Why do clinicians continue medications with questionable benefit in advanced dementia?

A recent study in JAMA Internal Medicine estimated the prevalence of medications with questionable benefit being used by nursing home residents with advanced dementia. This is an important question because significant healthcare resources are utilized in the last 6 months of life. Furthermore, if there is no benefit then the only possible outcomes can be excess cost with or without harm. As the authors note most patients at this stage just want comfort care and maximization of quality of life.

The researchers studied medication use deemed of questionable benefit by nursing home residents with advanced dementia using a nationwide long-term care pharmacy database.  A panel of geriatricians and palliative medicine physicians defined a list of medications that are of questionable benefit when the patient’s goal of care is comfort and included cholinesterase inhibitors, memantine hydrochloride, antiplatelets agents (except aspirin), lipid-lowering agents, sex hormones, hormone antagonists, leukotriene inhibitors, cytotoxic chemotherapy, and immunomodulators.

53.9% nursing home residents with advanced dementia were prescribed at least 1 questionably beneficial medication during the 90-day observation period with cholinesterase inhibitors (36.4%), memantine hydrochloride (25.2%), and lipid-lowering agents (22.4%) being most commonly prescribed. Patients residing in facilities with a high prevalence of feeding tubes were more likely to be prescribed these questionably beneficial medications.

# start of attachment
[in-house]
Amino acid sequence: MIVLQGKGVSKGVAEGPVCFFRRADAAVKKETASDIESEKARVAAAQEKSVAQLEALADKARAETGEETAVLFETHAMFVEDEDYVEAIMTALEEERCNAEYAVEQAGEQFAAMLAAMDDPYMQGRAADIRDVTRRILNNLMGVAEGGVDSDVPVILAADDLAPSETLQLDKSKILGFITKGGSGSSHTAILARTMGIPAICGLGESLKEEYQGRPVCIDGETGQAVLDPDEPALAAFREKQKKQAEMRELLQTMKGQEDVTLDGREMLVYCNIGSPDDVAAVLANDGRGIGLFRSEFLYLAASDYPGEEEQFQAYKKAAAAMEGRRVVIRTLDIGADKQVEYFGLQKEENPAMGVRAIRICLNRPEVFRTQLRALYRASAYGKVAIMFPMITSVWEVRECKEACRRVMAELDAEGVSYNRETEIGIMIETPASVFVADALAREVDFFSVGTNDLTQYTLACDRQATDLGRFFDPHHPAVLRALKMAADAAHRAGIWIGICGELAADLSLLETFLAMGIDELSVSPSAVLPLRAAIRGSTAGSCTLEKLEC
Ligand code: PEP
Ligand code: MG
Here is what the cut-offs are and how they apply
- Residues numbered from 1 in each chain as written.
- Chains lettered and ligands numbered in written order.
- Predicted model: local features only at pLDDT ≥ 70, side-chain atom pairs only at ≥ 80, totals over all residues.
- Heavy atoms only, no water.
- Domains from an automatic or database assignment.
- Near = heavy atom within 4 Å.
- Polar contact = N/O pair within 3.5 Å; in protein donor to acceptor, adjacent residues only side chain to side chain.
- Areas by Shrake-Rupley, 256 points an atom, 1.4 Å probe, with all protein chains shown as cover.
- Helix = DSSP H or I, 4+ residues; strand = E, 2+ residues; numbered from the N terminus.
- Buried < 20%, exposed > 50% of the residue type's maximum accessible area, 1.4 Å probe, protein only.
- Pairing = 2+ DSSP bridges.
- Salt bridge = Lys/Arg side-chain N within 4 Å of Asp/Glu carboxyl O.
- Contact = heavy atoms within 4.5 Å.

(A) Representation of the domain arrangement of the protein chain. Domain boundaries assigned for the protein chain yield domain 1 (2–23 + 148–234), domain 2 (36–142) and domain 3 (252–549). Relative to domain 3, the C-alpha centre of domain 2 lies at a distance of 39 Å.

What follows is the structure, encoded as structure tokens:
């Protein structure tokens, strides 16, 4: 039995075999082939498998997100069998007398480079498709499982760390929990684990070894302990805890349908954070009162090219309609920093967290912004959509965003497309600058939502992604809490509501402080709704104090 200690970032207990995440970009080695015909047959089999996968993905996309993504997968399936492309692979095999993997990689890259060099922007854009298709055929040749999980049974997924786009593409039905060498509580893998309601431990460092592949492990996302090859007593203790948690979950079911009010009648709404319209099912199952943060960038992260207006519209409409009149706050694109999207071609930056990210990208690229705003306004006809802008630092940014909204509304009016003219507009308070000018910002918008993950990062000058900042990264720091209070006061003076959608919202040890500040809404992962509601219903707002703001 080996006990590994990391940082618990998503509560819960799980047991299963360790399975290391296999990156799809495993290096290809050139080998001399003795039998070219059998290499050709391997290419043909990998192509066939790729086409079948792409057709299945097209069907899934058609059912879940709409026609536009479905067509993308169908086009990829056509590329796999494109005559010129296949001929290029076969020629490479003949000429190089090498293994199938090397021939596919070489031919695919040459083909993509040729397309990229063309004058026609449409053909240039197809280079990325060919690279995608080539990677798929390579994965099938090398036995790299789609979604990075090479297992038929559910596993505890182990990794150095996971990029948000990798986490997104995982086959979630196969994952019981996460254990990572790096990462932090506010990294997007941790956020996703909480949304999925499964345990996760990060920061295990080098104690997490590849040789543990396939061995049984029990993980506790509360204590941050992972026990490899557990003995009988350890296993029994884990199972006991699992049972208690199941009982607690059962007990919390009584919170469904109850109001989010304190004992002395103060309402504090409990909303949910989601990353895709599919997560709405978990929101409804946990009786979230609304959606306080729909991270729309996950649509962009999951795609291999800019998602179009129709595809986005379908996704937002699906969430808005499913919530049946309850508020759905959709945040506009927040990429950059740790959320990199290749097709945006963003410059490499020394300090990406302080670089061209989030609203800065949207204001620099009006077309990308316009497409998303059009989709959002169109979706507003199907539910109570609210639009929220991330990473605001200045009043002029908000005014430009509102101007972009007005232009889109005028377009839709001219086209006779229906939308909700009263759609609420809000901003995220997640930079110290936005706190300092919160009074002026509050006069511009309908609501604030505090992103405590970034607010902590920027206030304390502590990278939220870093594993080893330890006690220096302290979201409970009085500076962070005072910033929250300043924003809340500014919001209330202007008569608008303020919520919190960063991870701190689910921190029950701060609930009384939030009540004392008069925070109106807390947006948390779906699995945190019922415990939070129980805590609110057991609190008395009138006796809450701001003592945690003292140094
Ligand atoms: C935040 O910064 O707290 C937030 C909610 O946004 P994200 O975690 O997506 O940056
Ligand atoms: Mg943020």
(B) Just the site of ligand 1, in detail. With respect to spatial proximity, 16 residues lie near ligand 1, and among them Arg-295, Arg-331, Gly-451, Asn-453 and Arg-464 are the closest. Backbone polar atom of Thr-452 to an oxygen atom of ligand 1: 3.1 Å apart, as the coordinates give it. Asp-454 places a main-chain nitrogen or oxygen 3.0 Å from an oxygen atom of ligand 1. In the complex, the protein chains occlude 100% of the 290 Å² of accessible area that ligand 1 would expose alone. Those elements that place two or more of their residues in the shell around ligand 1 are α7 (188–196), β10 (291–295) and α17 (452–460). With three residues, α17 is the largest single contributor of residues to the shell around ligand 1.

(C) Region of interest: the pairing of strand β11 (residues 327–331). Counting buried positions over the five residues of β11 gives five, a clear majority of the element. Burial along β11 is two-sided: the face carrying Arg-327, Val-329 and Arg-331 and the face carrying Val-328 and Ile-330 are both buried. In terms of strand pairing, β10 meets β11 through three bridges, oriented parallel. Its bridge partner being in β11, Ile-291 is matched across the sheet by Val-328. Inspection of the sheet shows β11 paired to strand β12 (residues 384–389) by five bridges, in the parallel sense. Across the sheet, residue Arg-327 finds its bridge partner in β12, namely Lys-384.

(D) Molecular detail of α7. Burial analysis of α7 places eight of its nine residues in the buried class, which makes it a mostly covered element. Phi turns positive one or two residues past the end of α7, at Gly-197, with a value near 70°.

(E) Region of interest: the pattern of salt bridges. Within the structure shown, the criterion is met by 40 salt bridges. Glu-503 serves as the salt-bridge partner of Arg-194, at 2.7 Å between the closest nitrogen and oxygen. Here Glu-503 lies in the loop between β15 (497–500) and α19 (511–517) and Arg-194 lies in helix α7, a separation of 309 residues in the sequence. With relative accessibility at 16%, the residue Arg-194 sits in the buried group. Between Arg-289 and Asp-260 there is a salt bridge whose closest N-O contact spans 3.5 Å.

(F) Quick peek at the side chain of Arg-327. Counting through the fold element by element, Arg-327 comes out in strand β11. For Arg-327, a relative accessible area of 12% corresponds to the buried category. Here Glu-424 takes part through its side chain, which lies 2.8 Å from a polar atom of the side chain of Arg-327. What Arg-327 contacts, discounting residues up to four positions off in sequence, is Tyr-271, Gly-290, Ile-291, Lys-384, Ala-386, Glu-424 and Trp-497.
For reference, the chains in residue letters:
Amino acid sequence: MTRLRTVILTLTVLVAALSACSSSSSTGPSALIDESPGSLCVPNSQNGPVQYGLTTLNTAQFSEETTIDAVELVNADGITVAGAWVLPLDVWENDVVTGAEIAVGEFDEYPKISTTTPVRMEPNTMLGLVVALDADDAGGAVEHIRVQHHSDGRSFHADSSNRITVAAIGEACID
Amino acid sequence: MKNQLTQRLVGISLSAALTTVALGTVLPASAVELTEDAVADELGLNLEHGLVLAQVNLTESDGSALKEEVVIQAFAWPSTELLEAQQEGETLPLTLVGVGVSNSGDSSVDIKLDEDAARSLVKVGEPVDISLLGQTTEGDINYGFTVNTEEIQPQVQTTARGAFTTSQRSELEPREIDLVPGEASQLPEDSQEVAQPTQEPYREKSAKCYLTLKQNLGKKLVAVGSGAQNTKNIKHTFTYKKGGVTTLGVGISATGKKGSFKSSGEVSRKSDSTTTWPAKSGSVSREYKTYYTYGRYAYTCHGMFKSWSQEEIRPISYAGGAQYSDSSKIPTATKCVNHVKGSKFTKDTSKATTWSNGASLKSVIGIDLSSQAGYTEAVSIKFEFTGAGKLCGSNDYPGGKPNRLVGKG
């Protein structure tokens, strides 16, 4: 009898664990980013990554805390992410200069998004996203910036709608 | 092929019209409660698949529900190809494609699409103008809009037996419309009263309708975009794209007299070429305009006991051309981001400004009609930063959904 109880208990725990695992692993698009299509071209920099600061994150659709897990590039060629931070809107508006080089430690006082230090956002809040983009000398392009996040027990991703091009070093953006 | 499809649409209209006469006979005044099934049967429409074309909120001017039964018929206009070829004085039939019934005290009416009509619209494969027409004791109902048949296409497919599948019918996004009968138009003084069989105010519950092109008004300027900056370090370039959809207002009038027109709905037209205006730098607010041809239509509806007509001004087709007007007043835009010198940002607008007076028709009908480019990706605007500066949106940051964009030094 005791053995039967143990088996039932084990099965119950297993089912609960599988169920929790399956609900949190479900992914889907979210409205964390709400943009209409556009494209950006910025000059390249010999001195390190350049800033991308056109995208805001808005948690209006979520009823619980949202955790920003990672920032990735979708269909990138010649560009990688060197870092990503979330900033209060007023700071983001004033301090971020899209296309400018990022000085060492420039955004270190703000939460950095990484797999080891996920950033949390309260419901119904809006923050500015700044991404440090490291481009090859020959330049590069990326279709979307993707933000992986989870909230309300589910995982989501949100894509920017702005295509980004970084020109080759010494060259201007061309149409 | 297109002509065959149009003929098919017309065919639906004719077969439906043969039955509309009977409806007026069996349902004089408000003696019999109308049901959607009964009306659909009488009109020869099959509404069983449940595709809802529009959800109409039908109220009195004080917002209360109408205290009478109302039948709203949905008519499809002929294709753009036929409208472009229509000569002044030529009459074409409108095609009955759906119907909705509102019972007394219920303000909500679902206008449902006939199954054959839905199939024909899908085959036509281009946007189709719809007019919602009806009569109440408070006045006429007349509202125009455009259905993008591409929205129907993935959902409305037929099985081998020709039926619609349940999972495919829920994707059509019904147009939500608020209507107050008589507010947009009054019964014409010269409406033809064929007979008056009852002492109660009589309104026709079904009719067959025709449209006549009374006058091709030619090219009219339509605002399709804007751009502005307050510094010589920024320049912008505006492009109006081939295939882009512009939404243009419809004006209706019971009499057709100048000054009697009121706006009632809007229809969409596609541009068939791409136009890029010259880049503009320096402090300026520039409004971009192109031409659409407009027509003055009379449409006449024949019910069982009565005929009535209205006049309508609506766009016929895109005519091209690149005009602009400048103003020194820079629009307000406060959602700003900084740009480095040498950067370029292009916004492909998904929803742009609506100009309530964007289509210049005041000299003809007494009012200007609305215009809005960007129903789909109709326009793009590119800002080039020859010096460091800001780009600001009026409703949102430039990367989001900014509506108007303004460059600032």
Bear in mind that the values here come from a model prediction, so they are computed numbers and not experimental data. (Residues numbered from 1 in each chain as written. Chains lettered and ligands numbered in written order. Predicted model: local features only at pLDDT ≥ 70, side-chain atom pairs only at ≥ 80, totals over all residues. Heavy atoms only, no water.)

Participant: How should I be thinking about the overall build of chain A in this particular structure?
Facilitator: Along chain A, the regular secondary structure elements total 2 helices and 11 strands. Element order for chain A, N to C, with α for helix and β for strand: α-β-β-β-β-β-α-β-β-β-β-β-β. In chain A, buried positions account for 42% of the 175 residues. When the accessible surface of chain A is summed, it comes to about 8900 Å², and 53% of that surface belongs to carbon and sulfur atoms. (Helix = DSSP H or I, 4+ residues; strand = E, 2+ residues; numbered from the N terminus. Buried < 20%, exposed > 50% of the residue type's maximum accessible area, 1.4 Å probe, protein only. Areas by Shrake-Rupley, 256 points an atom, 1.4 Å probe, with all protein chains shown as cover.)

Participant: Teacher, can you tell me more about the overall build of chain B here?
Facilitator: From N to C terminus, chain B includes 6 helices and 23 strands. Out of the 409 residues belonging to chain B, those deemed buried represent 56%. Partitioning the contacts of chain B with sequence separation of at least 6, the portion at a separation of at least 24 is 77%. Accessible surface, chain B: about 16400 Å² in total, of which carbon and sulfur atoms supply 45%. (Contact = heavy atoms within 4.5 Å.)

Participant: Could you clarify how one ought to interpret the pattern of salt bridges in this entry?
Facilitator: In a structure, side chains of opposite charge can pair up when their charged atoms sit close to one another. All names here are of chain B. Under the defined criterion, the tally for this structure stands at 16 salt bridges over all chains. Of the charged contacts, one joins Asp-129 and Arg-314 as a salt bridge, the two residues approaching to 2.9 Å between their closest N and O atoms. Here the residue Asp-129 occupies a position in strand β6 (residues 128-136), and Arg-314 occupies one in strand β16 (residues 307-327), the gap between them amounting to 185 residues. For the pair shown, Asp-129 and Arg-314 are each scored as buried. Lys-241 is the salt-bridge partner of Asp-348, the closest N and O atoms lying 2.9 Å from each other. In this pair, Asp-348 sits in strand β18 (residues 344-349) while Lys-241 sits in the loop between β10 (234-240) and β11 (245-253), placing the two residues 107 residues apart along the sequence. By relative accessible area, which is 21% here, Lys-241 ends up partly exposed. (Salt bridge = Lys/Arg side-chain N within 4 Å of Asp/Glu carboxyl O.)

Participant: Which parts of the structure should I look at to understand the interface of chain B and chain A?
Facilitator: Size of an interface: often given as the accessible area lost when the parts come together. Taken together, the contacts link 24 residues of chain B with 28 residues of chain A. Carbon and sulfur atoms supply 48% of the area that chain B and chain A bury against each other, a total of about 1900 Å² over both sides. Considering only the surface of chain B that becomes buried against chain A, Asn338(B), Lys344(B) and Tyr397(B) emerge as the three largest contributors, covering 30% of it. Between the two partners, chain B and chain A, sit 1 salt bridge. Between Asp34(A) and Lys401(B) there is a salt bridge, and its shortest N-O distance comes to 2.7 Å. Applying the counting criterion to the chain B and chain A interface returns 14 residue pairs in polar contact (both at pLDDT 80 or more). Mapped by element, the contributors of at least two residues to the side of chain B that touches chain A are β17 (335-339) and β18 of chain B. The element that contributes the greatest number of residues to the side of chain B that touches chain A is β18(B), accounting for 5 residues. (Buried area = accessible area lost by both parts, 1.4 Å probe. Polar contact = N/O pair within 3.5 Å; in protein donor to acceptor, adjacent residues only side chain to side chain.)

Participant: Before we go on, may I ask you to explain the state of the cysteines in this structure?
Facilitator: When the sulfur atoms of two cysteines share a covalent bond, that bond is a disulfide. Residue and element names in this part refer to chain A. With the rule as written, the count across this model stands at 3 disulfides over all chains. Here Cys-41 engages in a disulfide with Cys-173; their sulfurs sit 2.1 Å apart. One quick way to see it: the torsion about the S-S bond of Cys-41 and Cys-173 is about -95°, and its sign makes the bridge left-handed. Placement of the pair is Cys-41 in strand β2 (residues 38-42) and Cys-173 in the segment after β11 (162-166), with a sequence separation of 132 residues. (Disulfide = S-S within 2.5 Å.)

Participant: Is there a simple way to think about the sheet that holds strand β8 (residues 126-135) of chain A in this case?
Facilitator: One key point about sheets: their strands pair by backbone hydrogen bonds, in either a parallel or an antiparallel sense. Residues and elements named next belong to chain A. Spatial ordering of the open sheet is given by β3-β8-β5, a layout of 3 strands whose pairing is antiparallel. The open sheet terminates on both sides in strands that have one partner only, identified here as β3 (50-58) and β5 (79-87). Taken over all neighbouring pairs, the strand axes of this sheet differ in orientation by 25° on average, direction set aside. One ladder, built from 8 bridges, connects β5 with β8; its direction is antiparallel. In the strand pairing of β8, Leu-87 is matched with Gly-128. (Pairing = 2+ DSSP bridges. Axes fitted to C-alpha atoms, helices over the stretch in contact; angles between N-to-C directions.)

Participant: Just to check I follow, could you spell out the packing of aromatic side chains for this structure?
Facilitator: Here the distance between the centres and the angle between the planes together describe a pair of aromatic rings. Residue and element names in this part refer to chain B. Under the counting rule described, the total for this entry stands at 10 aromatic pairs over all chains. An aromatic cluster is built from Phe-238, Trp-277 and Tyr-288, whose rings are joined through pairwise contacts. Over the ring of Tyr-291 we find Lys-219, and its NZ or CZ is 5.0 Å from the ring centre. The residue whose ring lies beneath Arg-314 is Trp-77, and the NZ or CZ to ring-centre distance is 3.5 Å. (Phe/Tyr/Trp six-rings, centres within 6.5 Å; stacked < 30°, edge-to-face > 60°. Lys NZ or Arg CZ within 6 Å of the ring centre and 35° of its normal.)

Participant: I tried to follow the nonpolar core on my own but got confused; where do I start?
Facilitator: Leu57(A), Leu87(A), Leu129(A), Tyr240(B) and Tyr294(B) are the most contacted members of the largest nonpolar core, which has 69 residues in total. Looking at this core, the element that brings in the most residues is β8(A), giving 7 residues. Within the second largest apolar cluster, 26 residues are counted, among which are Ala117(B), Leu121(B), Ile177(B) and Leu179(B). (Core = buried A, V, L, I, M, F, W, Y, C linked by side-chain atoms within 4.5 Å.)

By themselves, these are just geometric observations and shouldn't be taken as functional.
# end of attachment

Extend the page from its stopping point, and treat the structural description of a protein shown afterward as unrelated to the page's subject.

Of only those residents who used at least 1 questionably beneficial medication, the mean (SD) 90-day drug expenditure was higher ($2317 [$1357]; IQR, $1377-$2968 compared to $1815 for all residents), of which 35.2% was attributable to medications of questionable benefit (mean [SD], $816 [$553]; IQR, $404-$1188).

Picture of elderly patient

I think this study demonstrates excess medication usage and excess costs in a population in which costs are already high and for which this added cost is of little benefit. So why are these medications continued in this population? Are physicians unaware of the lack of benefit of these medications in this population? Are they aware but worried that stopping them will make the patient worse? I suspect a little of both is the correct answer.

A major challenge for EBM is getting the E out there. Numerous resources are available but a major step in accessing a resource is recognizing a knowledge deficit. How do you know you don’t know something? Pushing evidence (for example by email) is useful for general knowledge but isn’t useful to answer specific questions. Most of the push email services require enrollment to get the emails and many clinicians probably don’t even know this exists. Maintenance of certification could be a useful tool to improve knowledge if it was designed properly but can’t cover everything for all clinicians.

So we have a dilemma. Studies like this show areas for improvements in knowledge and practice but there are no great practical ways to improve either in a nursing home setting. Clinical reminders still have to be acted upon. Payers could refuse to pay for certain services but docs will likely continue to order them with the patient picking up the bill. Protocols could be put in place but they have to be followed and agreed upon by clinicians. They all will have anecdotal evidence of grandpa getting worse when his cholinesterase inhibitor was stopped. And they will say “What’s the harm in continuing it?”.

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